Sense of community


A local father has found an unusual way to bridge the generation gap as his son gets older.

While many fathers and sons turn to sports, fishing, hunting or working on cars to find shared interests and to bond, Shawn Bryant and his 11-year-old son, Cade, of North Vernon, have become “geeks” together.

On Saturday, the two visited the Jackson County Public Library in Seymour to participate in the second MINICON — short for mini-convention.

The two spent time chatting while playing the card game, “Munchkins Apocalypse.”

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“It’s really a chance for us to set aside all the differences and be equal,” Cade said. “We get to meet people and have fun and socialize.”

The two have bonded through things such as board games, card games, Dungeons & Dragons and video games. 

“We’re just geeks,” Bryant said. “We enjoy geeking out with other people who are into the same stuff.”

MINICON is a general fandom convention designed to give fans of different niche cultures such as Star Trek, fantasy, anime (or Japanese animation), Star Wars, gamers and more a chance to interact and share their interests, said Lola Snyder, the library’s head of youth services.

Similar conventions have been conducted in larger cities such as Indianapolis for years, but having one at Seymour saves local people the trouble of having to drive for an hour to meet others with similar interests, she added.

The convention gives people an opportunity to share things they enjoy and are passionate about even though they perhaps don’t fall into the mainstream, Snyder said.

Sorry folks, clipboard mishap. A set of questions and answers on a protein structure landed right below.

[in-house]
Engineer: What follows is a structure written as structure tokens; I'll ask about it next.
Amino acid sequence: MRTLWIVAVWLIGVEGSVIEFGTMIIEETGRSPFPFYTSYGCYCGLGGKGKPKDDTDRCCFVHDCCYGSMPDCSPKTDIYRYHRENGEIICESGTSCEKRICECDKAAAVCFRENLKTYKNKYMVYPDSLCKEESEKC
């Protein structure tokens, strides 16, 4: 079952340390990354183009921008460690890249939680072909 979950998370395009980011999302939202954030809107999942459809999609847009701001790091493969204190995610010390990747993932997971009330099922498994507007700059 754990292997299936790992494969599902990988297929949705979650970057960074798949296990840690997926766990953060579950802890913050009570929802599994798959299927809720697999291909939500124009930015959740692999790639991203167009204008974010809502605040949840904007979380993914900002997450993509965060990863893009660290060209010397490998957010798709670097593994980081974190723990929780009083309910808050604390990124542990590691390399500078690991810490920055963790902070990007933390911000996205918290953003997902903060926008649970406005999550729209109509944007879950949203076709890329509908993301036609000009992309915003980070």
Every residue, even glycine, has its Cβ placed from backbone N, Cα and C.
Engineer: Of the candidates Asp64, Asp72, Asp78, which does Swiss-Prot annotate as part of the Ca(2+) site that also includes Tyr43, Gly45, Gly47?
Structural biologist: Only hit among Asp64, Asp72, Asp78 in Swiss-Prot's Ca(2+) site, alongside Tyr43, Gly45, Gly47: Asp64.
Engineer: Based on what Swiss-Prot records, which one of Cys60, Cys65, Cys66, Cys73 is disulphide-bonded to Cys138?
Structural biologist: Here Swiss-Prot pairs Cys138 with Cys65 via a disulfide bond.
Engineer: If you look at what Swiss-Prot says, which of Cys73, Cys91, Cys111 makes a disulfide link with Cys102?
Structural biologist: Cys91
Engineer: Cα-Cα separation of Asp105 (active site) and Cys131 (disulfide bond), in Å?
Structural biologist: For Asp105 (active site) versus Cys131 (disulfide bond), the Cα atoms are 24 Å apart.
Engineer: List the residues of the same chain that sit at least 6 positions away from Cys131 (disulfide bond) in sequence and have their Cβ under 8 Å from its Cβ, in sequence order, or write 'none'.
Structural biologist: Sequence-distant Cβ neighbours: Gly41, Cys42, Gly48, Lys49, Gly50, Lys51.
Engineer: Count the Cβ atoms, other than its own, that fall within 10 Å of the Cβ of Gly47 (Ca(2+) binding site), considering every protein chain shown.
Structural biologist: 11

“For me, I like all of this. This is me,” said Eddie Tobar, 13, of Seymour as he sat at a table playing a board game with four others. “Before I sat down I had never met these people and now look at us, we’re playing and having fun.”

At the 2015 MINICON, Natalie Bray gave a demonstration about cosplaying, or dressing as characters from popular games, comic books, movies or anime. This year, she presented on the basics of building chain mail, a type of armor that is often a staple of clothing for fantasy characters. Assisting her was Nicole Plumer of Seymour. 

“It’s just fun,” Bray said of the event.

“It’s a good chance to get in touch with your inner child,” Plumer added.

Both said it’s hard to find communities where cosplaying is available, but if found, they are some of the most supportive and enjoyable communities, they said.

Cosplaying is a very diverse hobby, which Bray said she became interested in after researching it a little online.

Bray and Plumer dress in clothing from the Renaissance period or fantasy genre rather than trying to portray a specific character from a video game or graphic novel.

It’s easier than aiming for a specific character, because both confess they are perfectionists when it comes to their costumes.

Bray said much of her interest in making chain mail is self-taught after she attended a class on making scale mail at GenCon, one of the larger fantasy and gaming conventions in Indianapolis. Scale mail is another type of armor common in the fantasy genre.

Besides the class on creating chain mail, MINICON also offered classes on the basics of video game design presented by Dustin Sluder of Seymour; a digital art demo by Emma Martin, also of Seymour; a monster makeup demonstration from Seymour’s Fear Fair haunted attraction and more.

Batman stopped by to read stories and people could meet and get their picture taken with Spider-Man, members of the USS Gorkon Star Trek Fan Club: Star Fleet International and Bloodfin Garrison, a Star Wars cosplay group.

The public was invited to stop by and play Pathfinder, Dungeons & Dragons and some lesser known board games. 

Overall, the event was a chance for people to socialize and share interests while enjoying the activities the library has to offer, Snyder said.

About halfway through the day, some 350 people had  attended, surpassing last year’s total attendance of 300.

Snyder said as interest in MINICON continues to increase, there is potential to make it grow into something much larger.

“We’re about more than just books. The library is a community group, and this is a community,” she said.

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